14 February 2015


Life As a Reading Challenge, Chapter 16

Find out why we're all too late to sign up =P

My friend Bob says that the most ridiculous question he is asked when someone sees his personal library is, "Did you really read all those books?" And he likes to point out that no one ever looks at someone else's huge collection of records or DVDs and asks something similar. But it has been a while since I have been able to roll my eyes at gobsmacked non-readers, because a significant number of the books I own are in what book bloggers like to call the "To-Be-Read pile." (This may be an example of life imitating Goodreads.) So, no, I haven't read all of those.

Well, all that's going to end this year and I'm going to earn my bookworm badge back, because I've finally thought of my word for 2015 . . . CLEAR.

As opposed to CLUTTER

Yes, those are all the books I've accumulated but have not read since I started this blog--which is still officially, shockingly a book blog. They were arranged in random order (except for those that are part of the same series) for their big photo, but we can group them into proper categories. (Click on the images if you want to read the titles better.)

Many of them are there because they're part of series that I started, liked, and committed myself to finishing. They were also likely available at a discount, which justified getting, say, #10 now, despite only being on #3 and not knowing when I'd get to #4. The BSC books are the most frustrating, because I have #s 15, 16, 17, 18, and 19 . . . but not #14. On the other hand, I have no excuse for Alex Rider #5; I just want to tackle it after rereading #s 1 to 4, and I've been putting that off. =P

A few of them are there because of some old reading challenges that I gave up on one or two books in (So typical) . . . so it's only right that they should get another chance in a new challenge. I actually tried starting Bram Stoker's Dracula in 2011, but couldn't stay focussed. Last year, I suggested for the "Two or Three" Book Club, but it lost to Frankenstein. Maybe 2015 will be its year at last . . . but not until October, because I like to give the "Two or Three" Book Club winners a whole year of triumph before I get to the titles that they defeated. (I have all sorts of fun reading rules for myself.)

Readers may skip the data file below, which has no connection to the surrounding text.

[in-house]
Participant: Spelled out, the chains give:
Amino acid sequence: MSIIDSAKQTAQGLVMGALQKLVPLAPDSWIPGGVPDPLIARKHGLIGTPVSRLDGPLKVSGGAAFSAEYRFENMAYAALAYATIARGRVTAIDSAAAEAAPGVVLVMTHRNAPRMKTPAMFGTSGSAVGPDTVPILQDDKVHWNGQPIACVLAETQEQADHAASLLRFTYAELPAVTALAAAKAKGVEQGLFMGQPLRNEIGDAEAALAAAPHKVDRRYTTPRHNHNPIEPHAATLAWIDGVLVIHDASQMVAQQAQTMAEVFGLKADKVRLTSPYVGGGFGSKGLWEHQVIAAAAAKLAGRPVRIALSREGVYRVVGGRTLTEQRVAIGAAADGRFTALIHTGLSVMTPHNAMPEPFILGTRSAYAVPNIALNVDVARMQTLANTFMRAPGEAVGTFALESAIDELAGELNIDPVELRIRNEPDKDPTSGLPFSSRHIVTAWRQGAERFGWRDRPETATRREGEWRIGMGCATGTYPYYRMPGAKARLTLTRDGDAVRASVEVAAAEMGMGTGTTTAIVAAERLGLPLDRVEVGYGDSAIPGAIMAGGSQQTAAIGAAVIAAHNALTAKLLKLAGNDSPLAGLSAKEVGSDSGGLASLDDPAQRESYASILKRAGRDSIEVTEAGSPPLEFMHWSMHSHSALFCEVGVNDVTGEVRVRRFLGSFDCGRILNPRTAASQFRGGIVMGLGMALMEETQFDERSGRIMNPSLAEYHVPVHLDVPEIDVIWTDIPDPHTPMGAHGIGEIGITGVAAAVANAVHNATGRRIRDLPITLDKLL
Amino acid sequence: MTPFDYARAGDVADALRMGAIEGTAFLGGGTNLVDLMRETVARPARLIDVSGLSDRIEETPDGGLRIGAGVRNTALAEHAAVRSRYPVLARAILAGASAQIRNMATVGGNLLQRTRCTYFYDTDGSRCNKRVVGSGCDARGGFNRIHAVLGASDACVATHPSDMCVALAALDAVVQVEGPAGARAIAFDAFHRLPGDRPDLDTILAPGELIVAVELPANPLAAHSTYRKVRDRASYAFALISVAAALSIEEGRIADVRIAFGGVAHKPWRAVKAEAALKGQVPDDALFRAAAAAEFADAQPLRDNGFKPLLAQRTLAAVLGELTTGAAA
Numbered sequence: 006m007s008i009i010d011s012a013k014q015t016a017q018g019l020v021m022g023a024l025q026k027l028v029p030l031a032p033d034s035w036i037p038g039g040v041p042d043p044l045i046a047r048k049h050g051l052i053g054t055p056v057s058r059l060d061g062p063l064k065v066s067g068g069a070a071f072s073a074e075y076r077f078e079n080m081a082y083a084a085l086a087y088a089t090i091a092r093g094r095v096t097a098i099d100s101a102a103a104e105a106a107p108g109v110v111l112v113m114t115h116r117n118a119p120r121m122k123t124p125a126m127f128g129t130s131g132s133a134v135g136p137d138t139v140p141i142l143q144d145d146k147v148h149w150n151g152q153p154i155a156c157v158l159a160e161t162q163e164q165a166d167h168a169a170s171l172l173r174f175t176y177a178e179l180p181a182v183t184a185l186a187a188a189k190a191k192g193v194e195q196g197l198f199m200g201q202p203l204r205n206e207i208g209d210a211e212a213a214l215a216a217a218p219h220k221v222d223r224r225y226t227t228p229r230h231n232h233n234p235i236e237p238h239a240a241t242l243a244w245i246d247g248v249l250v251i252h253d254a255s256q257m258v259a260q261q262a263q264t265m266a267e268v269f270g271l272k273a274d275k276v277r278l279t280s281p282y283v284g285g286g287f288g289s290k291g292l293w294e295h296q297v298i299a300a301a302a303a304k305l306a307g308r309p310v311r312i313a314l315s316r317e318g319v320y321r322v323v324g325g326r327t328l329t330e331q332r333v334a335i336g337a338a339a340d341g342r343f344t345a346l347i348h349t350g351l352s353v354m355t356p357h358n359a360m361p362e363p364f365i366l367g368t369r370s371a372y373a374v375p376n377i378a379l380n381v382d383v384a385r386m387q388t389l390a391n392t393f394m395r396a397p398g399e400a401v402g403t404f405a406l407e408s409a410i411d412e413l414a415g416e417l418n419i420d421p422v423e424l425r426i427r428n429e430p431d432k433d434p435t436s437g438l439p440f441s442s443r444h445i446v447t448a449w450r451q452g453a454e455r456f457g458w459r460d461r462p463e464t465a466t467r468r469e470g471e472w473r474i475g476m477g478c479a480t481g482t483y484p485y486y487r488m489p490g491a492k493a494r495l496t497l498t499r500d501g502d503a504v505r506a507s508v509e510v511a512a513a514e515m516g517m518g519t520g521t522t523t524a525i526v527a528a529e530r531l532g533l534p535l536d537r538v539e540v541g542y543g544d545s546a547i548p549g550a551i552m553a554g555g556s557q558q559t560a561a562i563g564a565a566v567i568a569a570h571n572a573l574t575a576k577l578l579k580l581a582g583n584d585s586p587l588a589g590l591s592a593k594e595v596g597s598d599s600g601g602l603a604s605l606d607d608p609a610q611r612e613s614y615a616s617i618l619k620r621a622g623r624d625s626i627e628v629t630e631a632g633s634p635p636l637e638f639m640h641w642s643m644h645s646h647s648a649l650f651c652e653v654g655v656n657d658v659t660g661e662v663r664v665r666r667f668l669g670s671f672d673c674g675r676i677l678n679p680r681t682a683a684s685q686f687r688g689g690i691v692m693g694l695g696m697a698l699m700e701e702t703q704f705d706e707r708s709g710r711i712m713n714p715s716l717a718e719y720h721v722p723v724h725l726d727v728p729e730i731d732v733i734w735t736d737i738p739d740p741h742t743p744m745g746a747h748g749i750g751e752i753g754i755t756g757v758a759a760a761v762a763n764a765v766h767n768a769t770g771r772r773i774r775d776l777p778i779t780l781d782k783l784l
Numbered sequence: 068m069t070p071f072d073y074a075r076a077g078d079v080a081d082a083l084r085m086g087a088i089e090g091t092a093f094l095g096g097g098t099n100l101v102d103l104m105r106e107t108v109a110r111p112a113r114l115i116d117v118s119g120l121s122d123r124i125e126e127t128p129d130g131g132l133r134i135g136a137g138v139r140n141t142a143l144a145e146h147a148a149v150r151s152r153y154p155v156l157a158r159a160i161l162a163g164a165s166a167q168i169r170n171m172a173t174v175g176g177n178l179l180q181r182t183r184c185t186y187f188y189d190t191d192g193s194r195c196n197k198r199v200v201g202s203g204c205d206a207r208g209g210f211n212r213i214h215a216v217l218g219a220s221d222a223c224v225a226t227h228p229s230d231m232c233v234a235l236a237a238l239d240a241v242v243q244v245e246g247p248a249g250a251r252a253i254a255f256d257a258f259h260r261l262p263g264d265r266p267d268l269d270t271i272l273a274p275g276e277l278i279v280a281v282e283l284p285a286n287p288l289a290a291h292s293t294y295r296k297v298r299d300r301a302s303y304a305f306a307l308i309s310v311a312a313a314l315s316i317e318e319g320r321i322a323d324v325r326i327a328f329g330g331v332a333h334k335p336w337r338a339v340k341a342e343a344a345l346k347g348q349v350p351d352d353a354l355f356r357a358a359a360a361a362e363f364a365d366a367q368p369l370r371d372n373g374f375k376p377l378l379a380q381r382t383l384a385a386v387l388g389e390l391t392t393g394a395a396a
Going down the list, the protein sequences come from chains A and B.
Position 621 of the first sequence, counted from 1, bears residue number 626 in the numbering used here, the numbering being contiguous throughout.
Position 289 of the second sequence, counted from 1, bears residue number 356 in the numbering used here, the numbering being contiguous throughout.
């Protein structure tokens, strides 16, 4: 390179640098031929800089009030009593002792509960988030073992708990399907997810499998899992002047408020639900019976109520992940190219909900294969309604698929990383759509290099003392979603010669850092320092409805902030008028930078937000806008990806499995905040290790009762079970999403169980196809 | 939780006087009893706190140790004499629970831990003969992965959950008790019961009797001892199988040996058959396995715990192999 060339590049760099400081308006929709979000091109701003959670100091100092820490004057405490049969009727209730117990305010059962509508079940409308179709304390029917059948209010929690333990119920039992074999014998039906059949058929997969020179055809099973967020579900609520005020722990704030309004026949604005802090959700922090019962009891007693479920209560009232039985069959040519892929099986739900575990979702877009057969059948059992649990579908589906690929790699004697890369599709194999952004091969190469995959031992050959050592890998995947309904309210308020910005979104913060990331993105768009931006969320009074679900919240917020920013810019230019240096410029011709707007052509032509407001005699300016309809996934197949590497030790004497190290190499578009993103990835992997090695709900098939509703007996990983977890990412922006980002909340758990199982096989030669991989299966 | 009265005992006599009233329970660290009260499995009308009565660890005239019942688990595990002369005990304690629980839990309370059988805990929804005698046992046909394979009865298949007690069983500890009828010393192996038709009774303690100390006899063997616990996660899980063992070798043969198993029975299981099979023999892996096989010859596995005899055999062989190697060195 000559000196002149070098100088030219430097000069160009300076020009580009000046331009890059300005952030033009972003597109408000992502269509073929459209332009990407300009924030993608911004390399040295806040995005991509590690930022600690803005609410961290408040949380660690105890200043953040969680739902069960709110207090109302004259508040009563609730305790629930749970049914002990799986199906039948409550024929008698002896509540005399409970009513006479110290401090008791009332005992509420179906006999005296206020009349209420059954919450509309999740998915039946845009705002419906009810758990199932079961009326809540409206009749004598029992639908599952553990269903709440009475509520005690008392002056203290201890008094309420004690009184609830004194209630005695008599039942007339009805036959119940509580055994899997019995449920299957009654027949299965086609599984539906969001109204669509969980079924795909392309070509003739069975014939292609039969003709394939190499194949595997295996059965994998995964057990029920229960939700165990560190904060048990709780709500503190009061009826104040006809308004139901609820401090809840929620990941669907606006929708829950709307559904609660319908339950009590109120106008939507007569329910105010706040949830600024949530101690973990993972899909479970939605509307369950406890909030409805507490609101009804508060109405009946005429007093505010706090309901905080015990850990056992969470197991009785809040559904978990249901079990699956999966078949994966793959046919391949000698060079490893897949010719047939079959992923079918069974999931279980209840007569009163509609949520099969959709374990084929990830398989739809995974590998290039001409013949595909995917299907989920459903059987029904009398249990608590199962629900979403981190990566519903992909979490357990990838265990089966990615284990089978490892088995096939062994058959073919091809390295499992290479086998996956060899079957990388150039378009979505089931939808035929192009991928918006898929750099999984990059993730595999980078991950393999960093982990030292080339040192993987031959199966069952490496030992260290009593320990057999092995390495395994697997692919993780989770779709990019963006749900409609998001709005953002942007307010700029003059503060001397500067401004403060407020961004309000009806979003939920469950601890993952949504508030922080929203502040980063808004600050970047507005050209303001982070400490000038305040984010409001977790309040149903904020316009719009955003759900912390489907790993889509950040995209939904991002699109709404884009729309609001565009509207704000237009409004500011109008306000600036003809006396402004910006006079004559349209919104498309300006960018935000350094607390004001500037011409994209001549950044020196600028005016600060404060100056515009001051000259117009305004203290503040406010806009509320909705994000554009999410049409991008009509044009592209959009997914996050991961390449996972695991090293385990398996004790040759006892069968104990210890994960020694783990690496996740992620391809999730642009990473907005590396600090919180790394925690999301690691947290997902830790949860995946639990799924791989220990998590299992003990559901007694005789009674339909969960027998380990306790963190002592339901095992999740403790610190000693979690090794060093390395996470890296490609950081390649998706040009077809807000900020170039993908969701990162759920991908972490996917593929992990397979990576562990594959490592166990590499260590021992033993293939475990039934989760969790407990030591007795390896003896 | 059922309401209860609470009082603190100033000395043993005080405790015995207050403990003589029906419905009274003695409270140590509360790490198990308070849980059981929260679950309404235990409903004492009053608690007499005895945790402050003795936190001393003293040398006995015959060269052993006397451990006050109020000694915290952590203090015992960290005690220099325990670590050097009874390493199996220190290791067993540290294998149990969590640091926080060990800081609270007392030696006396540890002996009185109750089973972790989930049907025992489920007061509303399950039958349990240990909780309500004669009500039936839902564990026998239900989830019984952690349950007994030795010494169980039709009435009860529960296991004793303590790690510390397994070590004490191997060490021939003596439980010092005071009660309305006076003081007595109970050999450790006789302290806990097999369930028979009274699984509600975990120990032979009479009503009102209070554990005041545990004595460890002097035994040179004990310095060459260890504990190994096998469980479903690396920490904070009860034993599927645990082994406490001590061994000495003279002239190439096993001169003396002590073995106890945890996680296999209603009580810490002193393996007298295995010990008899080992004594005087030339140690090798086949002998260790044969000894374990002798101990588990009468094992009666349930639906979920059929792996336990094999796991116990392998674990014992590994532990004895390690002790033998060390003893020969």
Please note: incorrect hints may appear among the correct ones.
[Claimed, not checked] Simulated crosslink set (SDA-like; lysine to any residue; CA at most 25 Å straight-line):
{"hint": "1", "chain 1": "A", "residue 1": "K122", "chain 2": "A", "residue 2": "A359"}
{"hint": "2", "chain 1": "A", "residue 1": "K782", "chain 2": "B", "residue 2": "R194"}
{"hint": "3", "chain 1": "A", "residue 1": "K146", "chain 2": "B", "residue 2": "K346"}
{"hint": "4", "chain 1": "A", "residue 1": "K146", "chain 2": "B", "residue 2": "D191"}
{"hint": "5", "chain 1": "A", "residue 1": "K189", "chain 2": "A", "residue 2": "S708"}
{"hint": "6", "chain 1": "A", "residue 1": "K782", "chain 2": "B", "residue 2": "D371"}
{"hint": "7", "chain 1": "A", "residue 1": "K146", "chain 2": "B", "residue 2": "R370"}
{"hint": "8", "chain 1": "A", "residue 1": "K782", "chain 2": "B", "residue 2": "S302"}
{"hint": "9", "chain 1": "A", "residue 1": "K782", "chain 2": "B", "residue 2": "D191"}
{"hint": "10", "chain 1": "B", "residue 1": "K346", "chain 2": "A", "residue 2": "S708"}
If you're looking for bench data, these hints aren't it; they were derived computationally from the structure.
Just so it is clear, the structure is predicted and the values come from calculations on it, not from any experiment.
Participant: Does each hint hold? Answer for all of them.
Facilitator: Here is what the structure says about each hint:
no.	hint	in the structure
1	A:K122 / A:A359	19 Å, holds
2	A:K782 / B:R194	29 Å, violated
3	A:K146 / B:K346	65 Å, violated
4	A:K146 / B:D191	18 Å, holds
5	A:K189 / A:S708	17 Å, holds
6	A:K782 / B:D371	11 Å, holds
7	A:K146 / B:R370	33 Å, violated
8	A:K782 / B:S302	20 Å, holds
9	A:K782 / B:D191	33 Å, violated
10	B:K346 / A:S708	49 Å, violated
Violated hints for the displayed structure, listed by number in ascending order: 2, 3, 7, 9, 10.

Then there are the giveaway prizes. Sometimes you enter for the fun of it (and because you've experienced being a host who is a little sad about low numbers) but aren't really panting to read the prize . . . and then you win anyway.

A few are gifts from relatives and friends--and I count the titles that they hadn't planned to give to me. (When you no longer want your books and are giving them away, bags I get first pick, all right?) This pile may get even bigger next week, when a close friend's boyfriend, who is downsizing, throws his packing party: he has already hinted that he has some old books that would be perfect for me. =P

And finally, there are the random personal indulgences. =) Quite a number of those I bought with the intention of reading them with my brothers, but the boys outgrew our readalongs faster than I did and I've been feeling too sad about that to read them on my own. (Sentimentality is also a kind of clutter, aye?)

(5 March 2015)

I surprised my friend's boyfriend by not taking home all the books that he had set aside from me, then surprised my friend by choosing two books that she never would have guessed I'd be interested in. Aside from the six pictured above, I accepted three German textbooks, which, for obvious reasons, aren't part of this challenge.